Lakers Buss family as a Shakespearian Drama

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Oh what a tangled web we weave…

Sometimes the Buss family — owners of the Lakers — come off as crazy as a family in a Shakespearian drama. Well, maybe not Macbeth crazy, but crazy. There is the eccentric patriarch ceding his power and the greedy children trying to push each other out of the way to get the reins. There are lovers as allies, behind the back stabbings, and huge amounts of power and money.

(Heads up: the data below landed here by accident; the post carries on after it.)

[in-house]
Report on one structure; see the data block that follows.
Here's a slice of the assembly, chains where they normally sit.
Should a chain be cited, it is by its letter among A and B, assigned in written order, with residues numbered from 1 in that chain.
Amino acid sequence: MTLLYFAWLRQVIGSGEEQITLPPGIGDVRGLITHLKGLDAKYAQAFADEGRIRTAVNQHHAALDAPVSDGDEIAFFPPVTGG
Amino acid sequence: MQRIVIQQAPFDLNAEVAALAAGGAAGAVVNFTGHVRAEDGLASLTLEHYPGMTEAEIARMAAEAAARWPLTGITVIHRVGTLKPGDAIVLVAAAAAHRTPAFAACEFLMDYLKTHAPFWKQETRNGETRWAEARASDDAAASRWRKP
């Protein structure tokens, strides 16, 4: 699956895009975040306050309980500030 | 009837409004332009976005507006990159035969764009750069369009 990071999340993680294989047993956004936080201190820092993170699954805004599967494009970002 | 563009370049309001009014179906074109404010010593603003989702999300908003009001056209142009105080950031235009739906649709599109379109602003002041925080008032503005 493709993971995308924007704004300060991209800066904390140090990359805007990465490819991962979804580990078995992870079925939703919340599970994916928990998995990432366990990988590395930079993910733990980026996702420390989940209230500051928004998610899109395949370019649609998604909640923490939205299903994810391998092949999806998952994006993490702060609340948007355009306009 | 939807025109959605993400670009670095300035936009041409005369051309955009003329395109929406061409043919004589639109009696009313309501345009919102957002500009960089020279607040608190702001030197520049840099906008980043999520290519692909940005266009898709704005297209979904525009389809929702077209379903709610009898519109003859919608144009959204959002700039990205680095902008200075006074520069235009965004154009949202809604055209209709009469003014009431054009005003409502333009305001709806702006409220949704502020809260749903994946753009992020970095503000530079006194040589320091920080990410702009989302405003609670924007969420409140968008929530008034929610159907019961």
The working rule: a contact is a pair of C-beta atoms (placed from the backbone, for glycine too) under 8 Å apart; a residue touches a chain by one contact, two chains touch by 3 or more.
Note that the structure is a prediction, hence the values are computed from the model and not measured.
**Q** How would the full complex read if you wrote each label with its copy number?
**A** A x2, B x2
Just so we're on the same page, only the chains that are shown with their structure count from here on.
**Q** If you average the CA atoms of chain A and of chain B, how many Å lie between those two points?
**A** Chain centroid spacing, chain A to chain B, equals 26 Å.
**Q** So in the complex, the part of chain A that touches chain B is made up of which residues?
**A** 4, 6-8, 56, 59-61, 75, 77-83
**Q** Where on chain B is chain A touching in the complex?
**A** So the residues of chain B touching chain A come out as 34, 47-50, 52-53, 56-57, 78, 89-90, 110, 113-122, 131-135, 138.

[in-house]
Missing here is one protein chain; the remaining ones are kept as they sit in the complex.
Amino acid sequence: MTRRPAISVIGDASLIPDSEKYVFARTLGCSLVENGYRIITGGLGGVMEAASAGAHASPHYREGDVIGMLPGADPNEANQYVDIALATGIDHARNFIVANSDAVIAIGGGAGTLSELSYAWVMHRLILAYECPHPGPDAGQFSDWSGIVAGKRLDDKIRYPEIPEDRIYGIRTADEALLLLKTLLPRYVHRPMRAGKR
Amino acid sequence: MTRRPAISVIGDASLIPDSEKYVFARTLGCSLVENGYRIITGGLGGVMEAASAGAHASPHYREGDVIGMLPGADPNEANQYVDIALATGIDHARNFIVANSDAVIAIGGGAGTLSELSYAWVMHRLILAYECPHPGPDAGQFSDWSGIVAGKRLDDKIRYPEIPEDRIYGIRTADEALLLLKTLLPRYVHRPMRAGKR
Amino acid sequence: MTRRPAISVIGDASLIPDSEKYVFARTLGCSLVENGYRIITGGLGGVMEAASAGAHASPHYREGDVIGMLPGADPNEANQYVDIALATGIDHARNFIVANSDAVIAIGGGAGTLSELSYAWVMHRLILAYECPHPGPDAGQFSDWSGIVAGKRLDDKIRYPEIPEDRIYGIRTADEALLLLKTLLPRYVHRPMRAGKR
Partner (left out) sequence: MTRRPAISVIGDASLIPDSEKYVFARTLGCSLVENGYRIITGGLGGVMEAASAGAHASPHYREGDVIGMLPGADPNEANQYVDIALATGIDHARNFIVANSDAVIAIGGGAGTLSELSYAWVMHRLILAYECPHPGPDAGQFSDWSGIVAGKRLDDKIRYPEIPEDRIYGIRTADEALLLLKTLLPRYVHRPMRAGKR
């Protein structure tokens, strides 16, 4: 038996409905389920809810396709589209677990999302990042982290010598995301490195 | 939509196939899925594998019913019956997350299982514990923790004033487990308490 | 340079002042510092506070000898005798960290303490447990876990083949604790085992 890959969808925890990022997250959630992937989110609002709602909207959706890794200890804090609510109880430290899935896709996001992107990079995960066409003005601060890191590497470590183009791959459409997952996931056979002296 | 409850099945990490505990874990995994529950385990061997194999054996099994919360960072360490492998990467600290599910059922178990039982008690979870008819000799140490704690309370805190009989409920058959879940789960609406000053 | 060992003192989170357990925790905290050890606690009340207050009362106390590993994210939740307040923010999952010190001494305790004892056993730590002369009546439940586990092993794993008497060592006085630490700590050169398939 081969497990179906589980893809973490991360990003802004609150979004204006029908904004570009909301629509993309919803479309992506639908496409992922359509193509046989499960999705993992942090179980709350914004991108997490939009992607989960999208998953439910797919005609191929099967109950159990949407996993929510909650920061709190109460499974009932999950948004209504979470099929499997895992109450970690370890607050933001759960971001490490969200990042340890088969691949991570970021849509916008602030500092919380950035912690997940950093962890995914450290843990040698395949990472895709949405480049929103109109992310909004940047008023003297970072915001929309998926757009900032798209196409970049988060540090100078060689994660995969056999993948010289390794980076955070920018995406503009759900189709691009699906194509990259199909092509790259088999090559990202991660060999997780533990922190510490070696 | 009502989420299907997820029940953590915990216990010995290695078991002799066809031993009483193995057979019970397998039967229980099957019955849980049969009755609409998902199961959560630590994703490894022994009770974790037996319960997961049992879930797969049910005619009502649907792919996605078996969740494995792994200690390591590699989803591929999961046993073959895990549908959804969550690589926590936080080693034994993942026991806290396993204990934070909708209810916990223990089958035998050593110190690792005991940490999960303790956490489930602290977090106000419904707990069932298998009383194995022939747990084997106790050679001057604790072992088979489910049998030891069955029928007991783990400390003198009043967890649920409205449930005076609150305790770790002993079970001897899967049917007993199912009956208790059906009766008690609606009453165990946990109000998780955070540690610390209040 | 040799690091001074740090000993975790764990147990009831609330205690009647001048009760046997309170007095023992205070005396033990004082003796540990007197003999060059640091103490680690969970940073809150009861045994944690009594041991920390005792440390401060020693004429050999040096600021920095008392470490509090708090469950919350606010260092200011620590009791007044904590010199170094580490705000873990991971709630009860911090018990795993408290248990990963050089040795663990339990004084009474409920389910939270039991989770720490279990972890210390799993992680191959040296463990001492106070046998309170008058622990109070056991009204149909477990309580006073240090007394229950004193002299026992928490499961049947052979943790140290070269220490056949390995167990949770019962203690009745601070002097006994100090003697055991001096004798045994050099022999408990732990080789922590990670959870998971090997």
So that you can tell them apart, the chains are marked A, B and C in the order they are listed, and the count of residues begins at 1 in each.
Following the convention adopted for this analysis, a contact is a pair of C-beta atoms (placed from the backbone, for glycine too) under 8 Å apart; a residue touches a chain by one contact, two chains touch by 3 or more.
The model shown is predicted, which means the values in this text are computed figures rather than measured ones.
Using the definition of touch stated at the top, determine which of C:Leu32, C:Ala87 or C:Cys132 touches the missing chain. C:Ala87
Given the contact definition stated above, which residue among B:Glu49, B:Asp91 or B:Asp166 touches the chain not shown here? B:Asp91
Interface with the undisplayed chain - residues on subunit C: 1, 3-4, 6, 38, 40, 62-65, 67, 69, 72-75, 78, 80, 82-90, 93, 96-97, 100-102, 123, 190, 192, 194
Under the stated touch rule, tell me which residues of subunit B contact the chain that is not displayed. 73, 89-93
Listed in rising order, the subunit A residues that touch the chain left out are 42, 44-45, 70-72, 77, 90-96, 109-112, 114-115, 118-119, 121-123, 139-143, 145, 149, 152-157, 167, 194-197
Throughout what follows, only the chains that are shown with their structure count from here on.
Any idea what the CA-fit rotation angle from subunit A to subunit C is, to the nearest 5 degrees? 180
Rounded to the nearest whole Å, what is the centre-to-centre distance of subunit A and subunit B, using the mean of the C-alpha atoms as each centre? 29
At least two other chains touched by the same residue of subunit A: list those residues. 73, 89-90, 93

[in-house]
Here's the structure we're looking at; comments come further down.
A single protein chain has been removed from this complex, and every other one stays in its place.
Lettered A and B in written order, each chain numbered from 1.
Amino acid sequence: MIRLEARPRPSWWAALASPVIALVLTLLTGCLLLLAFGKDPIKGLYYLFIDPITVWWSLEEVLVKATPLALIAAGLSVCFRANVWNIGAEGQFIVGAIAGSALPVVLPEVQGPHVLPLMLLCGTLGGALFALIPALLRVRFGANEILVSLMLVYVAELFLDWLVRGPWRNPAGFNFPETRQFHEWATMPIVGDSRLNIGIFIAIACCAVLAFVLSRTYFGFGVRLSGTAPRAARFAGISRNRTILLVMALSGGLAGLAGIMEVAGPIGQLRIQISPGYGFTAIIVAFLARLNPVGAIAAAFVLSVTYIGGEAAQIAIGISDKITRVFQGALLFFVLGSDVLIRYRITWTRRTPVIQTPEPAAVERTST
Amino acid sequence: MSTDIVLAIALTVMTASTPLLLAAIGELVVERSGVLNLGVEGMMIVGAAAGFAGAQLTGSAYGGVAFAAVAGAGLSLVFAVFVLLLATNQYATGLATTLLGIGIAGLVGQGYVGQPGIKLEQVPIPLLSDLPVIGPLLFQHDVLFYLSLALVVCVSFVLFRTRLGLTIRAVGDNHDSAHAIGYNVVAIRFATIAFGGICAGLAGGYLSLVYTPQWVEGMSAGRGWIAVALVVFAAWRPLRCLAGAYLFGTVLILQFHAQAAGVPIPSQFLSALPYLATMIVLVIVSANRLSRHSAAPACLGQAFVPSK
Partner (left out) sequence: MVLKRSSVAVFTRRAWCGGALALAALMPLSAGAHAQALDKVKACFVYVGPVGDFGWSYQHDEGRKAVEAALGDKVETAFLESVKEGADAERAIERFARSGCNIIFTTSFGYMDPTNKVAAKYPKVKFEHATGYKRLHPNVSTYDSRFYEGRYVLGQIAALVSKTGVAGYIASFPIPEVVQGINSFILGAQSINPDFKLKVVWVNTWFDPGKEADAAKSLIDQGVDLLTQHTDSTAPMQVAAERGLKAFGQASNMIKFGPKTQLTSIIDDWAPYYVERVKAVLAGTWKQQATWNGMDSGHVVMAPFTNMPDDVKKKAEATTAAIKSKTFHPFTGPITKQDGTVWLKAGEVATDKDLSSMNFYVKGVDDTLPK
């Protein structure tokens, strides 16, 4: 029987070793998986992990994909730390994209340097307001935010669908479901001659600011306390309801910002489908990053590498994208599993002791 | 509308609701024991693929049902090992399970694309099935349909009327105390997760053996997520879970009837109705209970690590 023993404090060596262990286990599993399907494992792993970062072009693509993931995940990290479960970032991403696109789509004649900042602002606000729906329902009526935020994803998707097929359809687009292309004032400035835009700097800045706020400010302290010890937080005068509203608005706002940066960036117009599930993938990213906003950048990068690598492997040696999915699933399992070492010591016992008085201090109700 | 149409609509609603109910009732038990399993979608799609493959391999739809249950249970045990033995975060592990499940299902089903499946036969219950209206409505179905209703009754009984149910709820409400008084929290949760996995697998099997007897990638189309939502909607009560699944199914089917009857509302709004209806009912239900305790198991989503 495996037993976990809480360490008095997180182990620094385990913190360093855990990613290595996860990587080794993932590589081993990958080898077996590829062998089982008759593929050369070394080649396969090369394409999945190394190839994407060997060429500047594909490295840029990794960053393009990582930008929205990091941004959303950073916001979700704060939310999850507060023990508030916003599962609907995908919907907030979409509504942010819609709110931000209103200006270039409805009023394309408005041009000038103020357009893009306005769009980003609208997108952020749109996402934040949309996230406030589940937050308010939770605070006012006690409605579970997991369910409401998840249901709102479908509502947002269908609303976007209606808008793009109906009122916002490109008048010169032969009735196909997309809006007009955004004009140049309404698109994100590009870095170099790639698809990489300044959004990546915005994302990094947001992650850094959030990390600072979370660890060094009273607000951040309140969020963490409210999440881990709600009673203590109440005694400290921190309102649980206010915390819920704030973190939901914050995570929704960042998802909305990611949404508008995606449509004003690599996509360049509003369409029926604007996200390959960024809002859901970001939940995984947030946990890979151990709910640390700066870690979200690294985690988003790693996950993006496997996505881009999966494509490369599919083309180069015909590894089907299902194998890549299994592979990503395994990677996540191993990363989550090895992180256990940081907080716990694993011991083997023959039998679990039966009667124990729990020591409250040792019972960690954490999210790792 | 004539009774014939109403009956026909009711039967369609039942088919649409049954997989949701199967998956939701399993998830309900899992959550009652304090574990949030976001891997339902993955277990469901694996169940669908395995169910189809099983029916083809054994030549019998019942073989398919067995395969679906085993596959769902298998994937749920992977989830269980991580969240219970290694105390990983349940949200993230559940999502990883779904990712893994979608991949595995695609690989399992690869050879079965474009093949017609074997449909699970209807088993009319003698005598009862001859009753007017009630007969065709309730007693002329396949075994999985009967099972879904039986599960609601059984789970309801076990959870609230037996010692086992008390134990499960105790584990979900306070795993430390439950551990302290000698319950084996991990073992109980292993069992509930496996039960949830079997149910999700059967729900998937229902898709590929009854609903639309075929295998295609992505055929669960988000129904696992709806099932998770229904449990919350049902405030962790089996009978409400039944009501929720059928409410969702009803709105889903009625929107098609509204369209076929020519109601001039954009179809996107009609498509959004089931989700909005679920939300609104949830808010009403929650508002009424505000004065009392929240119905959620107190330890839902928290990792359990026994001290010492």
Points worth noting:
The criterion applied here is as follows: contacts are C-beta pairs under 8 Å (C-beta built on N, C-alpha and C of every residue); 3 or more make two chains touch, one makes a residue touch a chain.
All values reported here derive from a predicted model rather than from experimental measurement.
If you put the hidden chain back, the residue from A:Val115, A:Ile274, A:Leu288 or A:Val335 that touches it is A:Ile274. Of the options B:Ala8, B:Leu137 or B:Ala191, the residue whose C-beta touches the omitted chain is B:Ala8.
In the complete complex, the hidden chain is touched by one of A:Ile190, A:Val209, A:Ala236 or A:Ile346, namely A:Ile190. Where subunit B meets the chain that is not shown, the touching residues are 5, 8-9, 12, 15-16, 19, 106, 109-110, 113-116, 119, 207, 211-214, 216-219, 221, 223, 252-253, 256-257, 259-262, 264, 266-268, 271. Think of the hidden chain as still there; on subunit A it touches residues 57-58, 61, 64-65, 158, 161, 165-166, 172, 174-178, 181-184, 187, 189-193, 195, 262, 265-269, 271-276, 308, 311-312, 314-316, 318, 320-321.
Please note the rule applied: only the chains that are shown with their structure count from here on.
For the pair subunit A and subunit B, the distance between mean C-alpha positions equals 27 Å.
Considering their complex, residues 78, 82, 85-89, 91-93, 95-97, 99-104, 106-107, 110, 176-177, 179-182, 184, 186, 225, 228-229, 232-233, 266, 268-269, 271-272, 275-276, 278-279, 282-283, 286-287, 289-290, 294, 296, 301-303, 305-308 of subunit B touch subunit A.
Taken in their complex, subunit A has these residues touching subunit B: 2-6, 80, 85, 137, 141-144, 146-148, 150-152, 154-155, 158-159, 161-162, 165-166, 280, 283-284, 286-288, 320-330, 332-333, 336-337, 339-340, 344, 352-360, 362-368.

That or everything is just fine. Nothing to see here, move along.

Depends on who you want to believe.

In an article talking about LeBron James making an overture to the Los Angeles Lakers, Roland Lazenby wrote a detailed explanation of the Lakers front office power play going on:

Soon Jackson was winning championships and charging Buss $12 million a season to do it. Buss has hated paying that much for a mere coach, especially one that was tupping his daughter. His counter move on Jackson was to vest power and control in the hands of son Jim, already a competitor with Jeanie Buss for daddy’s love and control of the franchise. The whole scenario has Jeanie quite upset and telling her friends, “They’re going to do this again. They don’t even care if he wins the championship this year.” Jeanie, of course, is making reference to the 2004 firing of Jackson by Jim and Jerry Buss.